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A hole, a small town, and the US government

By: Rae Arnett

My hometown of Nara Visa has been in the news lately, which is an odd occurrence all on its own. There are no gas stations, grocery stores, or police stations. The population of the town isn’t much, if I had to wager, I would bet there are more abandoned buildings in Nara Visa than occupied ones. So what has caused such a stir in this sleepy community?

A proposed test bore site done by the company Enercon is what has everyone interested in my little town. The site would be testing the viability of the land to store nuclear waste, and while there is nothing in the works to make the site an operational nuclear waste storage facility, at the moment, it’s not a risk some in the area are willing to take. 

My own father, Mark Arnett, raised his concerns and they were not about little ol Nara Visa, but rather about the Ogallala Aquifer. 

“I can’t imagine drilling through the Ogallala to make a hole to put nuclear waste in, it’s just asking for trouble,” said Arnett.

I agree, and not just because he is my dad. The Ogallala is an essential piece to surviving in Eastern New Mexico, West Texas, and six other states. Remember all those seemingly silly reminders to water on certain days, or the pipeline from Ute Lake to Curry and Roosevelt Counties? Those reminders and that pipeline are being built because water is such a precious resource in our area. For the people with the “mind your own business” attitude, I can think of a few people who would say to manage your own water better.

The thought of potentially contaminating that water is enough to make me run for the hills, so imagine how the locals who still live in Nara Visa feel. Are you starting to understand why you should be attentive, if not concerned, about the situation?

It’s hard to trust something new, even if it comes with the promise of revitalization and more jobs in the area. If anything, those big promises would make people more gun-shy. Why would you want to bring jobs and revitalization to a town that does not even have a gas station any longer? I am not disparaging Nara Visa; I love it, even if my cell phone does not work there. But, I also have a realistic outlook for the area. It’s an area for ranchers, not for the hustle and bustle. It’s a town you drive through, only those that are already intimate with its charms stop to look.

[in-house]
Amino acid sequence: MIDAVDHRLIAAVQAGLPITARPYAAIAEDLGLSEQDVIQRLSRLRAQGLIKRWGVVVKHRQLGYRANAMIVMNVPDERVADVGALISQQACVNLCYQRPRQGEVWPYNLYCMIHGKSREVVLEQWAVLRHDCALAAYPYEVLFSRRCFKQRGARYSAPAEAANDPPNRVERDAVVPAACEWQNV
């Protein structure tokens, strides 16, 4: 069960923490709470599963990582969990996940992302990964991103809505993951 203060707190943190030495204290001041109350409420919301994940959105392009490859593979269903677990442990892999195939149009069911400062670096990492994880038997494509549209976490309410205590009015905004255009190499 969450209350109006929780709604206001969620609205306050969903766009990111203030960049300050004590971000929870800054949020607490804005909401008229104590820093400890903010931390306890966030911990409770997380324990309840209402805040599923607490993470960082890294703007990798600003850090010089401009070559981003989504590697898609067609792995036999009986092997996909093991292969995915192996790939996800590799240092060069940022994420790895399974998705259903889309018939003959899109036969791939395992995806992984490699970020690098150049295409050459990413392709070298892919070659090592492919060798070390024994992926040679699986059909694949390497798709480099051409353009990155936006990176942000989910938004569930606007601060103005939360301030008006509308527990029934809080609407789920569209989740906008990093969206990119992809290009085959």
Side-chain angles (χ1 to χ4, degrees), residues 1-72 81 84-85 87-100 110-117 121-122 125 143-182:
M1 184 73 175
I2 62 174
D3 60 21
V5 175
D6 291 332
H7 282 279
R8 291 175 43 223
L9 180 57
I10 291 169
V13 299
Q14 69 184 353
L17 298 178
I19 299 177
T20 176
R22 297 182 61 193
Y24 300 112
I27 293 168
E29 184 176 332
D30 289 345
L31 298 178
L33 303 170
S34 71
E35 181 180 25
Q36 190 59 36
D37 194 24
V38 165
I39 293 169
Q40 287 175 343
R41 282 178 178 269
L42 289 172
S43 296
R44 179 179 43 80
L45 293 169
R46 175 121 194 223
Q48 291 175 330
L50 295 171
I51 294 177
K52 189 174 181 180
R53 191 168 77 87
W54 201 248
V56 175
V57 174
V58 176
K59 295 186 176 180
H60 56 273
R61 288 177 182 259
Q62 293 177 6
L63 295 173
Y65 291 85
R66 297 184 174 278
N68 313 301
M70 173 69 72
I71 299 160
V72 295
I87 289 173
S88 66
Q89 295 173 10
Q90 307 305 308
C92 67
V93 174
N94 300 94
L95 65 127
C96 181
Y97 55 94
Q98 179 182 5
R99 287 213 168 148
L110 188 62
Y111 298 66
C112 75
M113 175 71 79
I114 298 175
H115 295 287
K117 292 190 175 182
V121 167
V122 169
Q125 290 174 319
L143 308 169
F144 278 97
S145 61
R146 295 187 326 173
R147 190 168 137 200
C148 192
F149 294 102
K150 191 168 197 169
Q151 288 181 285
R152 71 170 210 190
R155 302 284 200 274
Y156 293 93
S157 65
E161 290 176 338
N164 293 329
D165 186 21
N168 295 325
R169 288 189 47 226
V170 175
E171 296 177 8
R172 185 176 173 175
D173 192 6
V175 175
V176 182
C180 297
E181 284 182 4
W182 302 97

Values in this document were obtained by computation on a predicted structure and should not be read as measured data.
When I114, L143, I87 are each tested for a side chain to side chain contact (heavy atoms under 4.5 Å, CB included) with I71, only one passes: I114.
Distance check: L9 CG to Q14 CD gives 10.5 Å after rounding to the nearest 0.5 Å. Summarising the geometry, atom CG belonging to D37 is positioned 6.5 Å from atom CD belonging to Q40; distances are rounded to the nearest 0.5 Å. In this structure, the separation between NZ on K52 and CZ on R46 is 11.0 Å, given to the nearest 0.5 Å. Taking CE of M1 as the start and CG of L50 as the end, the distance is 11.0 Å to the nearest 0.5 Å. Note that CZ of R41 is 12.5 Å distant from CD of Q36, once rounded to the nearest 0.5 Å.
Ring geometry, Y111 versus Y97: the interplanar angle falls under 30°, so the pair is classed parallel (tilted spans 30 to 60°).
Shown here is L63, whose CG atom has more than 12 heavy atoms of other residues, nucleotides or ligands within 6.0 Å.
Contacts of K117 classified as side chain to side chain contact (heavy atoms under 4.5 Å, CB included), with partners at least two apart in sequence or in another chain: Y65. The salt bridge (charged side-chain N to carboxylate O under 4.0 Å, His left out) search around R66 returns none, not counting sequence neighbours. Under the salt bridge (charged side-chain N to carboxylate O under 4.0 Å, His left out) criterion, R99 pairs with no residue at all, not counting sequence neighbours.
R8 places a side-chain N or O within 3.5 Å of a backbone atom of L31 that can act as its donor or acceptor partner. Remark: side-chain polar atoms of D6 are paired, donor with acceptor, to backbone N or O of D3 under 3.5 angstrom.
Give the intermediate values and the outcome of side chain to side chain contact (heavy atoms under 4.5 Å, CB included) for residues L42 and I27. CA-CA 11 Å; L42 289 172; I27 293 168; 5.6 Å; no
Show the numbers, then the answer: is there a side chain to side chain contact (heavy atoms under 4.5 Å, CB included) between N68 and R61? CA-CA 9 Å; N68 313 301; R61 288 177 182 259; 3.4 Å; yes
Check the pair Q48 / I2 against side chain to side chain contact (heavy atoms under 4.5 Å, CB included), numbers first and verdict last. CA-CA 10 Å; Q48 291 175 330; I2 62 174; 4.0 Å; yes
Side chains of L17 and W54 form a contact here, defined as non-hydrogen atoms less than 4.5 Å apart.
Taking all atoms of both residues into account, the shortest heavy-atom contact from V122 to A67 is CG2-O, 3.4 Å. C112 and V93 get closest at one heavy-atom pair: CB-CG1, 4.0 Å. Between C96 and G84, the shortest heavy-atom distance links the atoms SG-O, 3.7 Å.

It was brought to my attention that some people thought these locals were overreacting. Maybe they were. But they are reacting for everyone who uses the Ogallala Aquifer, so I think we can cut them a break.

And for those that support the borehole, that is okay too. Revitalizing the community and the promise of more jobs is not something to dismiss in a hurry. It’s good to have the discussion, the debate, and to find a way through the new territory together. 

“In all debates, let truth be thy aim, not victory, or an unjust interest,” said William Penn.

A concept we should all keep in mind. Let’s debate to find the solution, not to disparage one another. Let’s debate to decide if this is right for the Nara Visa area, Eastern New Mexico, and the Ogallala Aquifer.